Innovation, Freefall, and Not-Knowing
It’s commonly said that the highest value we coaches can offer is not to give “answers” but help our clients learn how to engage their own challenges.
Sometimes this is about holding back what we think, so the client can discover what they need while improving their discovery and innovation skills.
More challenging are cases when we recognize that we simply cannot know the answer in the first place. To support our clients in their development, we need to nourish our own capacity to be in the condition of not-knowing.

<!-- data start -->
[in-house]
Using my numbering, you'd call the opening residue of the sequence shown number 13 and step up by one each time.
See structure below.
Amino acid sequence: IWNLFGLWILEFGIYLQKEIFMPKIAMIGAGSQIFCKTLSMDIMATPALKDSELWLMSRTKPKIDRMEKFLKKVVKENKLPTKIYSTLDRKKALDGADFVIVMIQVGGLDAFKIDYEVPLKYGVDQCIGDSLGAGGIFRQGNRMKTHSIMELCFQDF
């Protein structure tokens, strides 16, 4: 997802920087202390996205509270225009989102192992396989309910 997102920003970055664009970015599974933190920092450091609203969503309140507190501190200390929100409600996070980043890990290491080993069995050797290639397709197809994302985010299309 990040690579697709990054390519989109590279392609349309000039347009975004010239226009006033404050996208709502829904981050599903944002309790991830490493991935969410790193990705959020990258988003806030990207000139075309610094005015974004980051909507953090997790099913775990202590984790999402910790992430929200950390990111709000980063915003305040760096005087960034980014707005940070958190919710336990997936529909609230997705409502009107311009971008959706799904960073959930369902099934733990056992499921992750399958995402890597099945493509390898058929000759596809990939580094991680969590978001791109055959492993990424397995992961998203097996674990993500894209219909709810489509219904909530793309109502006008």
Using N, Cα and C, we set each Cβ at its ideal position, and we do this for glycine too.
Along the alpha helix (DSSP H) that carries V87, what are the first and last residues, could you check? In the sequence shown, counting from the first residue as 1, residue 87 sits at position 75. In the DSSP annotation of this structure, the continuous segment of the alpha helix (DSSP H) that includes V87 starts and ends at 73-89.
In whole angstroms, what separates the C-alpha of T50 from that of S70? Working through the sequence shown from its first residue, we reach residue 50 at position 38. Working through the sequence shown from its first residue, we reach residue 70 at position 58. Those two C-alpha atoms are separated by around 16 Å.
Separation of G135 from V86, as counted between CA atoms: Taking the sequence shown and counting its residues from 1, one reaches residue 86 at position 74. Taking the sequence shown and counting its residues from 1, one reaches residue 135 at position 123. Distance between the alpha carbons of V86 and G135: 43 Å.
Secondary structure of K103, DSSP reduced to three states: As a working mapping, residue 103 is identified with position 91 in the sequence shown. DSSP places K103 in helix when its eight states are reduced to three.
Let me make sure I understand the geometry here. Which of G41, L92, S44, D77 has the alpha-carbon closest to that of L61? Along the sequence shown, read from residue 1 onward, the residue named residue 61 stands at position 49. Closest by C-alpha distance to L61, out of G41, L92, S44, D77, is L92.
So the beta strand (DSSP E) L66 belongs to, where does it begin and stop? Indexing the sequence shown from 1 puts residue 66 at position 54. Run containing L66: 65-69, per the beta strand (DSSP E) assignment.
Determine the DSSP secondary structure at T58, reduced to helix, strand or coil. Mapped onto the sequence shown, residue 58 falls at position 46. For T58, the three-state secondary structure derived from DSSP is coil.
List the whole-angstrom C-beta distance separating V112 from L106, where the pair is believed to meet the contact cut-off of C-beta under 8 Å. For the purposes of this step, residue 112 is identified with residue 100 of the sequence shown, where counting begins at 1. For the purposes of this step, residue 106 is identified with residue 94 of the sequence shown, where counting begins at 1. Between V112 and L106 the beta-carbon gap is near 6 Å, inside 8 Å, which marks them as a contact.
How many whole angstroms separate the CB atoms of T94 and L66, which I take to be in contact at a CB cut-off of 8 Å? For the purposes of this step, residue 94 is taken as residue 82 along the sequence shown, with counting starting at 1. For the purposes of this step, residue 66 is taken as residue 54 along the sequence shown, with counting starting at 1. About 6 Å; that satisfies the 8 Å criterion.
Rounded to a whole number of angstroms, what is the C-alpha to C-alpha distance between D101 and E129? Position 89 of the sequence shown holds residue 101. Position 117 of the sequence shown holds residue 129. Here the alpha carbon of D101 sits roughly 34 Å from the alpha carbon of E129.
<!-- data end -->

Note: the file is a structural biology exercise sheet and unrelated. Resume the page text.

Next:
How do you relate *in yourself* to not being the person with the answers? How do you stay with the often uncomfortable awareness of incomplete information, contradiction, ambiguity, conflict, uncertainty, complex systemic challenges; the vulnerability of not seeing a clear path to a clear goal?
The key skills to build here, in my experience, include self-awareness, self-management, and presence; the capacity to take and concurrently hold multiple perspectives; the capacity to respond creatively instead of reacting from our defenses.
In this article, Alana Felt of Ten Directions offers beautiful, practical reflections on “cultivating a relationship with not-knowing.”